O2 Travel is classed as a 'Bolt On', and you’ll need to activate it before you go away, or be stuck paying standard roaming rates.
For select Sim-only and contract plans, O2's Travel Inclusive Zone allows you to use the same allowance in 27 of O2 Travel's countries without the £4.99 charge..
'Travel Data Pass' offers pay-monthly customers 500MB of data for £4.80 per day in The United States and Canada, and £6 per day in Australia, China, India, Mexico, New Zealand, South Africa, Thailand, Turkey and UAE.
You can also buy a 'World Select Talk and Text' add-on for £6 per day, which gives you unlimited calls and texts if you’re roaming in the USA, Canada, Turkey, Australia or the UAE.
There are also additional data add-ons that start at 10MB for both pay-monthly and pay-as-you-go customers – these can only be purchased when abroad, and you should be sent a text when you've arrived showing your options.
Bear in mind that, unlike O2 and Vodafone, you’ll need to purchase multiple travel add-ons with EE to cover calls and data. This could end up costing nearly twice the price.
If you’re on a plan with swappable benefits, you can roam in Australia, Canada, Mexico, New Zealand and the USA using the Roam Further data pass benefit.
Three has long been pushing the benefits of its enhanced roaming package, known as ‘Go Roam’. It claims to let you roam in 71 destinations around the world at no extra cost – potentially making it the best provider for roaming if your destination is included.
However, Go Roam is only available on Advanced plans, which start at 4GB of data and can have a contract for up to 24 months, depending on the package you select.
Three also has a data passport which allows unlimited data usage for £5 a day in all 71 Go Roam Destinations and 18 further destinations including Canada, United Arab Emirates and Thailand. As with the other daily 'data passport' style add-ons, they run from midnight to midnight UK time, so if you are not careful, you can be charged twice for one day's usage.
Providers manage roaming costs in different ways. If you’re planning on spending at least £6 per day in one of the included destinations, Vodafone’s ‘Roam-further’ service across 104 countries would seem to be the best option, although O2 and Three’s data passport may be tempting for its offer of ‘unlimited’ data. On the other hand, Three is great if you're on the advanced plan and/or have your destination included as a 'Go Roam' destination.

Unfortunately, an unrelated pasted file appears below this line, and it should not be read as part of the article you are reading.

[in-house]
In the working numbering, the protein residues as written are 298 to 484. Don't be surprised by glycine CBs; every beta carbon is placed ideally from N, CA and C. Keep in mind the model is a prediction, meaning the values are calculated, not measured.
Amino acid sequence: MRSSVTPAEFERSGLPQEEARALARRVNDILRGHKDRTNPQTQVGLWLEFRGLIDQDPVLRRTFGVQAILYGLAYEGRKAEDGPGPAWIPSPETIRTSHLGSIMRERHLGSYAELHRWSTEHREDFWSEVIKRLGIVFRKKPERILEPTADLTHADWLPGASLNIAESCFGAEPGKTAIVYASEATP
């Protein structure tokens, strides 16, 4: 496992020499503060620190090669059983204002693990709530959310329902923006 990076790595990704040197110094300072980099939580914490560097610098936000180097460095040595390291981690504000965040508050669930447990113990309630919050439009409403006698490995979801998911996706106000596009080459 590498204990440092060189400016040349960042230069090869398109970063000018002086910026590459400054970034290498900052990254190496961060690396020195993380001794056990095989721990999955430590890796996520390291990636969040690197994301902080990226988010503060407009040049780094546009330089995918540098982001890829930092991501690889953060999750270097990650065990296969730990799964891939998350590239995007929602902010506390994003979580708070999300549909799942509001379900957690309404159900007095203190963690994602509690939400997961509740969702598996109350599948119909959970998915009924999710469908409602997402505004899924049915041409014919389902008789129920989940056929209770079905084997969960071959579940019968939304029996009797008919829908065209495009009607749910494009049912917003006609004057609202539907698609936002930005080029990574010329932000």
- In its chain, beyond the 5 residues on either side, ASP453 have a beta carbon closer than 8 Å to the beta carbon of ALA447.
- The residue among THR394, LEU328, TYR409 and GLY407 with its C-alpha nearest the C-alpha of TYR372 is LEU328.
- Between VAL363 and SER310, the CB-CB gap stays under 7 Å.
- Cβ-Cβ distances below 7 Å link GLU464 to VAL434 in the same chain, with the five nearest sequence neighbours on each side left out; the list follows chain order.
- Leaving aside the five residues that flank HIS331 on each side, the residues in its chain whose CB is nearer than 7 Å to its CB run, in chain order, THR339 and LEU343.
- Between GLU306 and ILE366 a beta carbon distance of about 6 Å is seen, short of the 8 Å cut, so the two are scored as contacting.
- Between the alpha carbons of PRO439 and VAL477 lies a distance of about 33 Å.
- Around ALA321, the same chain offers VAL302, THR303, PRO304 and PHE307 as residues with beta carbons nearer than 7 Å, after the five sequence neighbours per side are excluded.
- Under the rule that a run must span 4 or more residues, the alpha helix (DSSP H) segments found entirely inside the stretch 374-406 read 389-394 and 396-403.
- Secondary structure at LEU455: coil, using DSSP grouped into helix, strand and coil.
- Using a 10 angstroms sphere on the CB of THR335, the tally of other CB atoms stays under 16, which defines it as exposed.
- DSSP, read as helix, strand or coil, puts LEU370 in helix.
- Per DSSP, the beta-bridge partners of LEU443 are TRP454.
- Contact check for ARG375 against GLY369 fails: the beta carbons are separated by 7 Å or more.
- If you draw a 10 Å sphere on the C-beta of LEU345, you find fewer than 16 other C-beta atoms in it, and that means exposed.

However, occasional users might prefer a network that's generally cheaper across a range of destinations. The cheapest overall provider for call costs was Giffgaff, which charges £1 per minute at each of our most popular destinations. Giffgaff was also cheapest for data, at 20p per MB in most places, though Utility Warehouse wasn’t far behind here either, at 50p.
The worst-value providers are a little easier to pin down. Carphone Warehouse’s ID Mobile costs £6 per minute and £9.60 a MB if you are roaming in Canada, whereas Virgin Mobile costs an eye-watering £12.50 for a single MB of data in places such as The Seychelles.
As of May 2019, EU legislation has meant that calls from the UK to landlines and mobiles within EU destinations cannot exceed 19.9p per minute, with texts costing no more than 6p.
However, with this legislation still coming into effect, some providers are still charging different prices as the table below shows.
Calls to Spanish mobile on UK pay-monthly contract
Standard cost per minute
Prices correct as of 12 July 2019.
While it's important to bear these costs in mind, many providers do offer add-ons and that can help regular travellers reduce costs.
For example, EE's free 'call abroad' add-on significantly lowers the cost of calling abroad in 60 countries. O2 also has an International Bolt-on, although that costs £3 a month.
Three's PAYG customers get a better deal than its pay-monthly ones when it comes to calling other countries from the UK. They can call France, Italy, Spain, The Netherlands, Poland, Romania, Lithuania, Germany, Portugal, Bulgaria, Latvia, Cyprus, the US, Canada, South Africa, Australia, India, Pakistan, Bangladesh and China for 3p a minute.
If you need to make the odd call abroad, you might think it's cheaper to call from a landline than a mobile phone - but in practice that's not always the case. Again, we're seeing that the biggest and most well-known providers, such as BT and Virgin, are by far the most expensive.
For example, BT typically charges around 20p a minute to call an EU mobile, while Virgin charges around 59p. The Post Office and TalkTalk charge around 5p and 19p, respectively.
Most providers also offer an international call package, which gives either discounted or inclusive calls.
If you plan to call abroad regularly, make sure to check what the best international call package is for you.
If you don't fancy paying money to contact family in the US or Australia, there are free ways to chat. Consider apps that use an internet connection to make phone calls and send messages between mobile phones.
Apps like WhatsApp, Viber and Skype let you make phone and video calls and, if your phone is connected to wi-fi, it won't even use your data. The person you're calling will need a data connection or wi-fi, plus the same app, to receive the call.